The Pee Dee could do a service to the citizens by researching and telling us which downtown property owners got what part of the $100 million in taxable property that came off the tax rolls in recent years. Likely suspects: Forest City Enterprises, Dick Jacobs and John Carney interests.

The market is supposed to rule. And, to some degree, it does. The best example is the empty space on the west side of Public Square. The city in 1989 awarded Dick Jacobs the same sweet subsidy deal to build on that site as the developer received for the north side of Public Square (Key Center & Marriott Hotel).

Yet, 19 years later, the site remains fallow, a parking lot.

That’s because there has been no market for new office space and thus no development.

Now, since there is said to be demand, why don’t the developers meet the demand – but without seeking to wring out abatements and other subsidies from the depressed City of Cleveland? The answer is simple: greed.

They don’t because our political leaders are too eager (Cimperman) to serve their benefactors at the expense of their constituents.

Below are the incredible "incentives" given to the Wolstein partnership for the Flats East Side project. Here is the list:

- BDOHS (port authority) will provide $11 million in loans.

- City of Cleveland will provide $6 million in Core City loans.

- Cleveland Public Power will provide $3.4 million in services.

- Cleveland Water Division will provide $740,000 in infrastructure costs.

- Cleveland will provide another $1 million from its general obligation bonds.

- The County, City and Cleveland schools will forgo $11,140,000 in property taxes under a TIF (tax abatement) program to help the project.

- Cuyahoga County will provide $1 million in subsidies.

- The State of Ohio will provide a grant of $3 million for "environmental remediation," matched by a loan from Cuyahoga County of $1 million, both committed from the 2005 Clean Ohio program.

- Tax exempt Parking Revenue Bonds estimated at $8,540,000 will be repaid from Public parking facility revenues.

- Tax-exempt infrastructure bonds estimated to be $9 million are secured by annual payments by the Northeast Ohio Regional Sewer District.

- The sum of approximately $4,550,000 will be made available through the Federal Highway Administration.

- The federal government has appropriated and the city shall obtain and make available when required for eligible project costs a grant of $1,464,735 from the U. S. Department of Commerce National Oceanic Atmosphere Administration (NOAA grant).

- All rental and condominium units (some 300 units) will be tax abated at 100% for 15 years. No cost estimate given by the city, port authority or county.

- The city agrees to enact legislation as necessary to amend and extend the CRA residential tax abatement program to assure that all residential improvements are eligible for the full 15-year, 100% abatement of real estate taxes. No cost given.

- The Greater Cleveland Regional Transit Authority (RTA) will construct a transit station on the RTA Waterfront Rail Line for the project "...all at no cost or expense" to the developer. No total or estimated cost mentioned.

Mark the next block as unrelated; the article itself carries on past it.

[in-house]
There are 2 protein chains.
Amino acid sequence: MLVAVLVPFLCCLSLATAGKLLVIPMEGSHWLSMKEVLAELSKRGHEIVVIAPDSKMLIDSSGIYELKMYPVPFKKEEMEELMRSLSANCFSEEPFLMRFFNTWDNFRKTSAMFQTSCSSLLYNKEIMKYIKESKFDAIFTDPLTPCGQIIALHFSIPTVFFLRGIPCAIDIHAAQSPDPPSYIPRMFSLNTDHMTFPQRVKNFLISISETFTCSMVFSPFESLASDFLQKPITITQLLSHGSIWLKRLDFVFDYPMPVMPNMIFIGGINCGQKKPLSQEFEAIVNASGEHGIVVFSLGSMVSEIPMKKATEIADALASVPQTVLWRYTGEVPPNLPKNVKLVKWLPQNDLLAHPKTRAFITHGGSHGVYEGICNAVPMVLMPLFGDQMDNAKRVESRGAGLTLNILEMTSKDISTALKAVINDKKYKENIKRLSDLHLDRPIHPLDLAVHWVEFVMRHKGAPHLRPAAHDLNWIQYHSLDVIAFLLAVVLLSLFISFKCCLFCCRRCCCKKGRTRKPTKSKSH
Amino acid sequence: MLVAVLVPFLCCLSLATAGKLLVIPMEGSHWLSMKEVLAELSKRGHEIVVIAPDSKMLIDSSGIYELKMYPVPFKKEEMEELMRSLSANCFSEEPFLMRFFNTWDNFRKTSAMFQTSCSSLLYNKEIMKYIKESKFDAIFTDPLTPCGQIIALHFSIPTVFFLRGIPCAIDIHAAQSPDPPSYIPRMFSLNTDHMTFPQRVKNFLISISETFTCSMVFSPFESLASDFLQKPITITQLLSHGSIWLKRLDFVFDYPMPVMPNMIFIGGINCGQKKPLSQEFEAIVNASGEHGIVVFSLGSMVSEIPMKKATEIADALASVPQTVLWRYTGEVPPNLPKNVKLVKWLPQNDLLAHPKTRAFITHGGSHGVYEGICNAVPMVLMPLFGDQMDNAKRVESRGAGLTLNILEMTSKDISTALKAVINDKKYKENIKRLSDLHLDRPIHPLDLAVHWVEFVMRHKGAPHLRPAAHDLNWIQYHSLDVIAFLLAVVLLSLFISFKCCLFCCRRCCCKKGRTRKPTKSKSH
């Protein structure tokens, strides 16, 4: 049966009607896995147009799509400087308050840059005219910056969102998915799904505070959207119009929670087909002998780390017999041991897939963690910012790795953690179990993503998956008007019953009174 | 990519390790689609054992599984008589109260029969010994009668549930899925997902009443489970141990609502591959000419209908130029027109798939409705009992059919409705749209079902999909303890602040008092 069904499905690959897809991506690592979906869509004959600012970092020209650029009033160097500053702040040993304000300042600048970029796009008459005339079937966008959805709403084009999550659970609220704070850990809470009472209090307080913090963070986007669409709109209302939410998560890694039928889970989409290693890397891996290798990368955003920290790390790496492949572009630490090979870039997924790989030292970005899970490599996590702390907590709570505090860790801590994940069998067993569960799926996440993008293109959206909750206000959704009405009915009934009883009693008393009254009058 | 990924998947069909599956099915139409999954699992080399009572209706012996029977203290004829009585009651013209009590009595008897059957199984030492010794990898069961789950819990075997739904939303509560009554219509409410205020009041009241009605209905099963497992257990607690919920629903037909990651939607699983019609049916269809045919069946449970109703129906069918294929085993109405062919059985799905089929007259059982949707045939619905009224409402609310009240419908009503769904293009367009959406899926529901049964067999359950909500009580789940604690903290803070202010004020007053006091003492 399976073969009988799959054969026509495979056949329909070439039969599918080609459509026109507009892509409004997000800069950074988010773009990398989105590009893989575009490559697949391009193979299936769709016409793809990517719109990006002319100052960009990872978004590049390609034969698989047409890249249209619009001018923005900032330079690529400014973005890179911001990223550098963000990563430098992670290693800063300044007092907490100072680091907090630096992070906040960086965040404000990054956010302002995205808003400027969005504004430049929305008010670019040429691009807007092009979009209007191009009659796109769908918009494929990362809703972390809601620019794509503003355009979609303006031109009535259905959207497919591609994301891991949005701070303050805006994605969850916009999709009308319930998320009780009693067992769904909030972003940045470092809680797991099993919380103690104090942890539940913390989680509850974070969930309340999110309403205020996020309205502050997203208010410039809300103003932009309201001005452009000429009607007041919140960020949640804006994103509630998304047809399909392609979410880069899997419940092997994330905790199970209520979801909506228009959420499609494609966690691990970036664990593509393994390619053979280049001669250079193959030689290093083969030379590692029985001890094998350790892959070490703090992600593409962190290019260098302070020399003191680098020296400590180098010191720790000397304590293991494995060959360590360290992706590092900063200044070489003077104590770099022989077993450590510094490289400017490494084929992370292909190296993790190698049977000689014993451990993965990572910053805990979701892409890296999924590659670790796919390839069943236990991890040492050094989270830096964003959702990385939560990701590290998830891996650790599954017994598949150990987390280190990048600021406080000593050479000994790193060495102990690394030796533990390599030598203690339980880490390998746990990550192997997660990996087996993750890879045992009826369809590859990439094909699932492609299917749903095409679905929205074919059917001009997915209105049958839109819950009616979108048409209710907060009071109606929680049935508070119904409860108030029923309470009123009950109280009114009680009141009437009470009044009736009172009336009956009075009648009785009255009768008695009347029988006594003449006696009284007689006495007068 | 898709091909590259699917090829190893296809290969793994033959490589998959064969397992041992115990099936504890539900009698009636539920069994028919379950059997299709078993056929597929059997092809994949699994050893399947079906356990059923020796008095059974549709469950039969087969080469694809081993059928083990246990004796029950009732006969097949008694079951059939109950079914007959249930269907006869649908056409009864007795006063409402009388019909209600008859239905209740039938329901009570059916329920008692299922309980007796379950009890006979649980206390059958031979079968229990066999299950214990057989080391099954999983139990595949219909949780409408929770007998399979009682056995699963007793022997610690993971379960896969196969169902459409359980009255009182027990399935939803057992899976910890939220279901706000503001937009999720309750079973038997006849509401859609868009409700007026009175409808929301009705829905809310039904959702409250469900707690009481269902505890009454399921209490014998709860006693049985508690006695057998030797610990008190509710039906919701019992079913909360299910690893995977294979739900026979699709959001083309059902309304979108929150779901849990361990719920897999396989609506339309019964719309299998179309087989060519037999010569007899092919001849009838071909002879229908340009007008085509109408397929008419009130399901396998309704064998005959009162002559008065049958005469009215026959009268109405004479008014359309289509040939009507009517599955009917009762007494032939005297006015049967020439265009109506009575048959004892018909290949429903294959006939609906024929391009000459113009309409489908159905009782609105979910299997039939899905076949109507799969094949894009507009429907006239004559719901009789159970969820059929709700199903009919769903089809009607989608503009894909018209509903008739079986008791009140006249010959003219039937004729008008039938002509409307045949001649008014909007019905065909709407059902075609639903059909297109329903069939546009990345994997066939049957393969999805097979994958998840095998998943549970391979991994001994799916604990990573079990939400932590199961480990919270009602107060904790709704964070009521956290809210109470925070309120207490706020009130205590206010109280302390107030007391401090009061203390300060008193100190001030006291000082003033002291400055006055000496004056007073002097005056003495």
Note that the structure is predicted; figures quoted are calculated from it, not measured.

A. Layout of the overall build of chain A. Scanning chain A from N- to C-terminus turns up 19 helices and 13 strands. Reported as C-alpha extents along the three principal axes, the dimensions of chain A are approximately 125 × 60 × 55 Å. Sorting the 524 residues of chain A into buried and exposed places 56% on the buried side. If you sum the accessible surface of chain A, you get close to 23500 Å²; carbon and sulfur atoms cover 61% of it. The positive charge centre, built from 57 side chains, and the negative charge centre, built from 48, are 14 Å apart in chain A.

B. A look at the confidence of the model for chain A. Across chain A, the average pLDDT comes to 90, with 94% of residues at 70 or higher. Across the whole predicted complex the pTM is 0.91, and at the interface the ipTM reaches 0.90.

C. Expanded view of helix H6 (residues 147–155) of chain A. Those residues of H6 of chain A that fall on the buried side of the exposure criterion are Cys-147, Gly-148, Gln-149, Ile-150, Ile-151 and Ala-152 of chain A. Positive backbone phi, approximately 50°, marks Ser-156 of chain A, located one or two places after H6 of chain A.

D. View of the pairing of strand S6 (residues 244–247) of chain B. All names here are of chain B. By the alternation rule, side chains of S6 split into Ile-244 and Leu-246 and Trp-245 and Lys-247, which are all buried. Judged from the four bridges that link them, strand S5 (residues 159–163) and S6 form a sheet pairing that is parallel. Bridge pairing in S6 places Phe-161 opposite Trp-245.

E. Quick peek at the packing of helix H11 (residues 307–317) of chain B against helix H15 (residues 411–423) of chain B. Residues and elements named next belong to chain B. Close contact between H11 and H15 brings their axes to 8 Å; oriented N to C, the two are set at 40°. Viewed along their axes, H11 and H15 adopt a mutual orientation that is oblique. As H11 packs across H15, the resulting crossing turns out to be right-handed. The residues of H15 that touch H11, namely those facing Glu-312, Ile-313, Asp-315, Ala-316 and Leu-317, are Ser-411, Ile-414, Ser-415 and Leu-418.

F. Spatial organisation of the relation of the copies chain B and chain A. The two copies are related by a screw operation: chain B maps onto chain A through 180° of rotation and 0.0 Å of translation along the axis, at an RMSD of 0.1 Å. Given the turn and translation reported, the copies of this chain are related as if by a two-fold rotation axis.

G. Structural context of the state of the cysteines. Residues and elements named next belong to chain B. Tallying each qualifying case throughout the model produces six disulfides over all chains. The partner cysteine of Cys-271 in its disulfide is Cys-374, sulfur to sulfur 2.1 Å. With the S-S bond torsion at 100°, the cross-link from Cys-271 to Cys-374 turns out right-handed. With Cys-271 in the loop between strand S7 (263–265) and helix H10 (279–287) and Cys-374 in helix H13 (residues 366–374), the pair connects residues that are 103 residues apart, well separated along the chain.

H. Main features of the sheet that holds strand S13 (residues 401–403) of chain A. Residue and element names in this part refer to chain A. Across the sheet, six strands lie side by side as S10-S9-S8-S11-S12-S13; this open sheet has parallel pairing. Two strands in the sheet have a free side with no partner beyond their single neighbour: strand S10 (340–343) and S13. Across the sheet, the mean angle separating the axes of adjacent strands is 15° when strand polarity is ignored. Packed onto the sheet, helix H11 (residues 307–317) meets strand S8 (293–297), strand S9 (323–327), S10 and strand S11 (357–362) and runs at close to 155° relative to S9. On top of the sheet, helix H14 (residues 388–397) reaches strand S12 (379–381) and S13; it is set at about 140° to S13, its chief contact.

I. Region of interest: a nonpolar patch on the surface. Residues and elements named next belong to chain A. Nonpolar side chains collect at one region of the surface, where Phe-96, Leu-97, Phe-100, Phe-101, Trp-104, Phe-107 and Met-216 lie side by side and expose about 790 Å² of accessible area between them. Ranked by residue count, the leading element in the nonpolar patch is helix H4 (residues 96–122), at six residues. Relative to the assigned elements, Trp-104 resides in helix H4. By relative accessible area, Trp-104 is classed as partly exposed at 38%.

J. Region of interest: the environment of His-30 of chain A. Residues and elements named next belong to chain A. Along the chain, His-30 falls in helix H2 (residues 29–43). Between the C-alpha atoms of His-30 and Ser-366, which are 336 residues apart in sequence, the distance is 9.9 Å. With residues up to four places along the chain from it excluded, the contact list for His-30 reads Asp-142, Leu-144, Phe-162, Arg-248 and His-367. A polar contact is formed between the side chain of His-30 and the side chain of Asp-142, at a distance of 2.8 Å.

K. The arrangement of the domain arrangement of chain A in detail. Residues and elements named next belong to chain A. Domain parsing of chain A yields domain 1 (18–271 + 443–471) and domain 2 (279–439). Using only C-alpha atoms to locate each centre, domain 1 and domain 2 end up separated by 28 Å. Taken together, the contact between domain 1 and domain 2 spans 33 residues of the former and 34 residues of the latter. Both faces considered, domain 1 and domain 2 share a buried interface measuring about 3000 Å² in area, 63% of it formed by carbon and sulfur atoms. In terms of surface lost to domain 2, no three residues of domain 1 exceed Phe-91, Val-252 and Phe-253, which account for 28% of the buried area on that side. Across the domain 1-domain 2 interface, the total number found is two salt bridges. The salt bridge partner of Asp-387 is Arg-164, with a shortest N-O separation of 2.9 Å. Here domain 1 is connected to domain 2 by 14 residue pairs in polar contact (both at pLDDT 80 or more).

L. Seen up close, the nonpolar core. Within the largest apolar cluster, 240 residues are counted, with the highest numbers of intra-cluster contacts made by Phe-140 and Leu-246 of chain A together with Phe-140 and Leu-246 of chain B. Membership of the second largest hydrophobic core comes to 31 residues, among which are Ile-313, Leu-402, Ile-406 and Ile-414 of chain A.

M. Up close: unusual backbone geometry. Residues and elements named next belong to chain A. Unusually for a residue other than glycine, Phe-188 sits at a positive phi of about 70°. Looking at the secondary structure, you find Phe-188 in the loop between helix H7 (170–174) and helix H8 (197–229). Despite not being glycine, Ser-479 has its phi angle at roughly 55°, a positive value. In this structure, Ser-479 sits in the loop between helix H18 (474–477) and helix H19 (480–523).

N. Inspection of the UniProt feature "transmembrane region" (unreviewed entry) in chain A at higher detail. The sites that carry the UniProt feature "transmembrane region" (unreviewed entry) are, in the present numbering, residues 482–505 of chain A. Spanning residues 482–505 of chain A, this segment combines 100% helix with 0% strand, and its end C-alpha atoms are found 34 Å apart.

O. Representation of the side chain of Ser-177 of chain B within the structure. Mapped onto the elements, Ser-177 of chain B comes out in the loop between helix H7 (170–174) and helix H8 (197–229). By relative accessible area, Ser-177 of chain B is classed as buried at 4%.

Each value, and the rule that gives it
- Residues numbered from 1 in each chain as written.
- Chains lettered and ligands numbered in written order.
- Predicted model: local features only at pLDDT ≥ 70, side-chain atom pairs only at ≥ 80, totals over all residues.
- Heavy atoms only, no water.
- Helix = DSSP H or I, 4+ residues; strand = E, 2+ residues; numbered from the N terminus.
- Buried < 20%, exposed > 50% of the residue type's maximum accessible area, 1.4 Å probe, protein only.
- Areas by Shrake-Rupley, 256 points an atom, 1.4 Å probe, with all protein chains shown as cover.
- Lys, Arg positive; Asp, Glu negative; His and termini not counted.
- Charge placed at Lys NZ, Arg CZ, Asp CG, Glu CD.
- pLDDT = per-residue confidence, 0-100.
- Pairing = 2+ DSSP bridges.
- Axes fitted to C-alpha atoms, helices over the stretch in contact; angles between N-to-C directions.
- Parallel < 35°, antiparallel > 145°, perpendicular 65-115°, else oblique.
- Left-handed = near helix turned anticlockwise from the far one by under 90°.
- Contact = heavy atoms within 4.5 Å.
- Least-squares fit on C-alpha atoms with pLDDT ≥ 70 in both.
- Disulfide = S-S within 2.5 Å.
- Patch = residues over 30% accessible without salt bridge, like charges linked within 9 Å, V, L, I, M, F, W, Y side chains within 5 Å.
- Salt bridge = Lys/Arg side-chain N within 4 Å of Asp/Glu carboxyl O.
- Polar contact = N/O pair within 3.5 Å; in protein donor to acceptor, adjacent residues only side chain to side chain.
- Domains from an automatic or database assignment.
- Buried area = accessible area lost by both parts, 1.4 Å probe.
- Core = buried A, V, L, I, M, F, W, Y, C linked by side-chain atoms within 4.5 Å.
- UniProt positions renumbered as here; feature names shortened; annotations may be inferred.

- The City of Cleveland "shall take all necessary action to vacate all existing streets within the project site to the extent no longer require as public improvements for the project, and any easements which impair or adversely affect the development, construction or occupancy of the project, or which lie within the project site and are no longer required for use as public improvements for the Project." No cost estimate given.

- The City of Cleveland "shall convey to the developer all the land owned by it (the city) within the residential site not necessary for public improvements by official quit-claim deed..." No cost estimate given.

- Under a section called "public improvements", it states: "Public improvements necessary to support the Residential project will include but may not be limited to the following....

- Abatement, demolition and environmental remediation (including all necessary earthwork and soil clean-up) of the Project properties as they exist as of the execution date of this Agreement so as to allow for construction of the Residential Project.

- On-site paving and landscaping for all areas from the building lines of the Residential Project to the street curb as well as the public spaces of the Riverfront Park described below.

- A Riverfront Park extending from the southern boundary of the Project along the Cuyahoga River ’s edge north to the Norfolk & Southern rail line with an eastern edge defined by a realigned Old River Road and a new street network described below. The Park may include but not be limited to the following elements: a riverfront boardwalk, gather places; pavilions; project signage, retail kiosks; and a marina for transient boater use. The Riverfront Park shall be planned in such a manner so as to receive the proposed extension of the Towpath Trail...

- Utility improvements, replacements and/or upgrades sufficient to provide necessary storm and sanitary sewer, water, electrical, gas and thermal heating and cooling services for the Residential Project and the permanent improvements in the public right of way (e. g. street lighting) and property (e.g. Riverfront Park fixtures and appurtenances) for ongoing and seasonal needs.

- Street improvements, realignments and additions to serve the Residential Project and its associated parking facilities, including all necessary traffic control equipment and signage...